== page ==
Countering Cyber Sabotage: Introducing Consequence-Driven, Cyber-Informed Engineering (CCE) introduces a new methodology to help critical infrastructure owners, operators and their security practitioners make demonstrable improvements in securing their most important functions and processes.
Current best practice approaches to cyber defense struggle to stop targeted attackers from creating potentially catastrophic results. From a national security perspective, it is not just the damage to the military, the economy, or essential critical infrastructure companies that is a concern. It is the cumulative, downstream effects from potential regional blackouts, military mission kills, transportation stoppages, water delivery or treatment issues, and so on. CCE is a validation that engineering first principles can be applied to the most important cybersecurity challenges and in so doing, protect organizations in ways current approaches do not. The most pressing threat is cyber-enabled sabotage, and CCE begins with the assumption that well-resourced, adaptive adversaries are already in and have been for some time, undetected and perhaps undetectable.
Chapter 1 recaps the current and near-future states of digital technologies in critical infrastructure and the implications of our near-total dependence on them. Chapters 2 and 3 describe the origins of the methodology and set the stage for the more in-depth examination that follows. Chapter 4 describes how to prepare for an engagement, and chapters 5-8 address each of the four phases. The CCE phase chapters take the reader on a more granular walkthrough of the methodology with examples from the field, phase objectives, and the steps to take in each phase. Concluding chapter 9 covers training options and looks towards a future where these concepts are scaled more broadly.
About the Author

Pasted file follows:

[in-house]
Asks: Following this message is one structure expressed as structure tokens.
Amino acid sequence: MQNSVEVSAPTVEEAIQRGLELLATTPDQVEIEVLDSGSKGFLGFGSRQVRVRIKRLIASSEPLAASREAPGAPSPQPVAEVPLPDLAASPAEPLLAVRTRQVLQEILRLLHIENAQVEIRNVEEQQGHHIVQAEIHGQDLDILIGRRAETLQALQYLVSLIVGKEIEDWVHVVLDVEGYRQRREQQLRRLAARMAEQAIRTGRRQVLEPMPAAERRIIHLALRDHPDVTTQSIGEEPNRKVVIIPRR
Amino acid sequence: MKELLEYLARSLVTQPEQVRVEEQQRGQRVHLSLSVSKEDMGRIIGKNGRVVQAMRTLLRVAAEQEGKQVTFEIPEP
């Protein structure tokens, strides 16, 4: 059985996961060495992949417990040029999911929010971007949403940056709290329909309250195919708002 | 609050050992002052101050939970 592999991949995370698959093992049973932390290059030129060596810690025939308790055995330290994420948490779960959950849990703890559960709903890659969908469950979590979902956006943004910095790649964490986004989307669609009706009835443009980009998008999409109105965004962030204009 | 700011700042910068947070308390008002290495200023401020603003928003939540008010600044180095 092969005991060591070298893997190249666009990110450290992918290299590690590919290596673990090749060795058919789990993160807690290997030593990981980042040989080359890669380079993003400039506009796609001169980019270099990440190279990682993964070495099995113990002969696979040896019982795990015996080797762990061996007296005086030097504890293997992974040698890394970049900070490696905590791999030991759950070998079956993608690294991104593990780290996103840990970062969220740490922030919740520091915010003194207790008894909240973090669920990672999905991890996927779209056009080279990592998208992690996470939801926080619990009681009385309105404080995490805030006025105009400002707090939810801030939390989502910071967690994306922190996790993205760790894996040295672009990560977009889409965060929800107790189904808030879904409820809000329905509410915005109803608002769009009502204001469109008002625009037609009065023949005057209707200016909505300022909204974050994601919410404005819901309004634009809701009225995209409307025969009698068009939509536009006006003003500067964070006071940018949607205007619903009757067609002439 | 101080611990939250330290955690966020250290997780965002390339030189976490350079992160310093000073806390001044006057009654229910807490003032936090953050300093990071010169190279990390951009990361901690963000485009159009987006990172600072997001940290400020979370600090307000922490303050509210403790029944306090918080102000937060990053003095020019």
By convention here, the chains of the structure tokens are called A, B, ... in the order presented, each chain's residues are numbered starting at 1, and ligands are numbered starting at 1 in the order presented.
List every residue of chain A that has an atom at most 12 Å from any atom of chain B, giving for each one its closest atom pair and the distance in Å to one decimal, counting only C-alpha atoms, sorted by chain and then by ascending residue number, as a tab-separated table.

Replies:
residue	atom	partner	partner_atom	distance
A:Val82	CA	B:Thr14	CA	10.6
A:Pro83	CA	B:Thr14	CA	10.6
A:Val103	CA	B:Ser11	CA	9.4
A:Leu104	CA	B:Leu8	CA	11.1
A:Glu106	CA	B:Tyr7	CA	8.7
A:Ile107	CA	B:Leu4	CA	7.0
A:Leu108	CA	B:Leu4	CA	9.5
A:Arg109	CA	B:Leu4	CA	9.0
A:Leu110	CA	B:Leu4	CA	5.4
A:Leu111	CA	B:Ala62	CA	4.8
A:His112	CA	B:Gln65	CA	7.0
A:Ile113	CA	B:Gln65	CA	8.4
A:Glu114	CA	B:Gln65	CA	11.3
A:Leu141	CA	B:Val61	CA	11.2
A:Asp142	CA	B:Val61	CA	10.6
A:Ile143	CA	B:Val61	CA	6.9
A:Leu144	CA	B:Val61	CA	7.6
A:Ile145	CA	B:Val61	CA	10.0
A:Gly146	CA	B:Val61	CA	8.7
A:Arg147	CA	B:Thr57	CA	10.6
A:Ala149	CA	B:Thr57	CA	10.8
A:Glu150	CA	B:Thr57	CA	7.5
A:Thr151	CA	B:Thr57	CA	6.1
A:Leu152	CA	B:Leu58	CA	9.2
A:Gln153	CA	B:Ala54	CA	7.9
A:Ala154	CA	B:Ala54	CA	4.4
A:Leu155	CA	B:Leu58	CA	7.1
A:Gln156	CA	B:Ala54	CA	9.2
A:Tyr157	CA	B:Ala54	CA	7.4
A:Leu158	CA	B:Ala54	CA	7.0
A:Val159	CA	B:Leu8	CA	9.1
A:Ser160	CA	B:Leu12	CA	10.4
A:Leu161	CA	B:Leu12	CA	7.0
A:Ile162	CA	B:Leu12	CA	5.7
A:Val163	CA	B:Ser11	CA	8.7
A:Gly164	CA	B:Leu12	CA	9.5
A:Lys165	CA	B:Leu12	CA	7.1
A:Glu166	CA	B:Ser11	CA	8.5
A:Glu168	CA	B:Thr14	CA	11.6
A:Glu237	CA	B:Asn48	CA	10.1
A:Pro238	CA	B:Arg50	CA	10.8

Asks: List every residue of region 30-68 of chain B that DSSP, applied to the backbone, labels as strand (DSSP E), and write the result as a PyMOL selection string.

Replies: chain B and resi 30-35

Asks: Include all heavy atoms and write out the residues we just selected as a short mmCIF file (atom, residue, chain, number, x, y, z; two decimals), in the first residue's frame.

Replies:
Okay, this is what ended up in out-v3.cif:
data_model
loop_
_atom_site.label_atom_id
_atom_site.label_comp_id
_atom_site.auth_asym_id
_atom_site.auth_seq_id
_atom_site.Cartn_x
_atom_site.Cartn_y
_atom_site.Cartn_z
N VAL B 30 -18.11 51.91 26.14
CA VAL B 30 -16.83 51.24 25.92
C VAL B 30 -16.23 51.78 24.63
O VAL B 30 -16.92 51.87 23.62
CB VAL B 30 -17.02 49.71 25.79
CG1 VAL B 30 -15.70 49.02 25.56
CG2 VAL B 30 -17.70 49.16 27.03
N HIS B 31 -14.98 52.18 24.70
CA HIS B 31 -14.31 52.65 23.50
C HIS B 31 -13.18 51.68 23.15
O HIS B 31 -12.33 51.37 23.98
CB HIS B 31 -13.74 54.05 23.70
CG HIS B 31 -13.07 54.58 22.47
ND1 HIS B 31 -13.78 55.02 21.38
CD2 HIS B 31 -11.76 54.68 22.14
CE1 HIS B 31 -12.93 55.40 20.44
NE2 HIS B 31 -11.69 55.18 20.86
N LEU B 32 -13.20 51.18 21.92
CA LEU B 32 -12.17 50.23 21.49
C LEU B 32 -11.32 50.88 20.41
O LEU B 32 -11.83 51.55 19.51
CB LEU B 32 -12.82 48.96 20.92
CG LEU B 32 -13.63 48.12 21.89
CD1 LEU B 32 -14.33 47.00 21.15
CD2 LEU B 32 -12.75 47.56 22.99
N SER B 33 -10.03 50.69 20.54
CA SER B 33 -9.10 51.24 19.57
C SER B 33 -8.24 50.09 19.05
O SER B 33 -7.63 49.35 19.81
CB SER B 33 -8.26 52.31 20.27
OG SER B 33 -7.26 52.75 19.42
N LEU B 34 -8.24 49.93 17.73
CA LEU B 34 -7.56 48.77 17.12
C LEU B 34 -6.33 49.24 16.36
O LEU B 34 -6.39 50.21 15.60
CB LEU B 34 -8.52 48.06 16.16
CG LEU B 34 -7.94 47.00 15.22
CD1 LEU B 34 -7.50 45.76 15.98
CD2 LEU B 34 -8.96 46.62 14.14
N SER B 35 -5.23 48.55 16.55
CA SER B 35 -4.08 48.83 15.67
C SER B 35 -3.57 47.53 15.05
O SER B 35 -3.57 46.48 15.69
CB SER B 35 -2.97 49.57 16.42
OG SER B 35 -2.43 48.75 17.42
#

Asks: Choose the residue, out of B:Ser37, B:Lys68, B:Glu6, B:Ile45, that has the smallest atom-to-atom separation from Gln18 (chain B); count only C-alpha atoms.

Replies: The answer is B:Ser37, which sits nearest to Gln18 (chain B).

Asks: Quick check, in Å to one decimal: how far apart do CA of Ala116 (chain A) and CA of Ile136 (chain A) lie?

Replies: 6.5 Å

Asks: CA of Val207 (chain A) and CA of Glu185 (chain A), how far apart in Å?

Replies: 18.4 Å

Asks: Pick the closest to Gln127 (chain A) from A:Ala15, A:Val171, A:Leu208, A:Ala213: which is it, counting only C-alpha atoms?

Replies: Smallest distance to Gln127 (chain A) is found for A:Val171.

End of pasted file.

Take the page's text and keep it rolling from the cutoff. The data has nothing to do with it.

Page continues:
Andy Bochman is the Senior Grid Strategist for Idaho National Laboratory's National and Homeland Security directorate. In this role, Mr. Bochman provides strategic guidance on topics at the intersection of grid security and resilience to INL leadership as well as senior US and international government and industry leaders. A frequent speaker, writer, and trainer, Mr. Bochman has provided analysis on electric grid and energy sector infrastructure security actions, standards, and gaps to the Department of Energy, Department of Defense, Federal Energy Regulatory Commission (FERC), North American Electric Reliability Corporation (NERC), National Institute of Standards and Technology (NIST), National Association of Regulatory Utility Commissioners (NARUC), the Electricity Subsector Coordinating Council (ESCC), and most of the US state utility commissions. Teaming with DOE, NARUC, USAID, and international partners, he has cyber-trained grid operators, and is a cybersecurity subject matter expert listed with the US State Department Speakers Bureau. Mr. Bochman has testifi ed before the US Senate Energy and Natural Resources Committee on energy infrastructure cybersecurity issues and before FERC on the security readiness of smart grid cybersecurity standards. He has also held recurring conversations on grid security matters with the Senate Select Committee on Intelligence (SSCI) and the National Security Council (NSC). Prior to joining INL, he was the Global Energy & Utilities Security Lead at IBM and a Senior Advisor at the Chertoff Group in Washington, DC. Mr. Bochman earned a Bachelor of Science degree from the US Air Force Academy and a Master of Arts degree from the Harvard University Extension School.Sarah Freeman is an Industrial Control Systems (ICS) cyber security analyst at Idaho National Laboratory (INL), where she provides US government partners and private sector entities with actionable cyber threat intelligence, developing innovative security solutions for the critical infrastructure within the US. At Idaho National Laboratory, Ms. Freeman pursues innovative threat analysis and cyber defense approaches, most recently Consequence driven Cyber-informed Engineering (CCE). As Principle Investigator on a laboratory discretionary research, her current research is focused on new signatures and structured methods for cyber adversary characterization. Following the December 2015 electric grid attacks, Ms. Freeman participated in the DOE-sponsored training for Ukrainian asset owners in May 2016. She has also researched the Ukrainian 2015 and 2016 cyber-attacks and the Trisis/Hatman incident. Ms. Freeman earned a Bachelor of Arts from Grinnell College and a Master's in Security and Intelligence Studies from the University of Pittsburgh.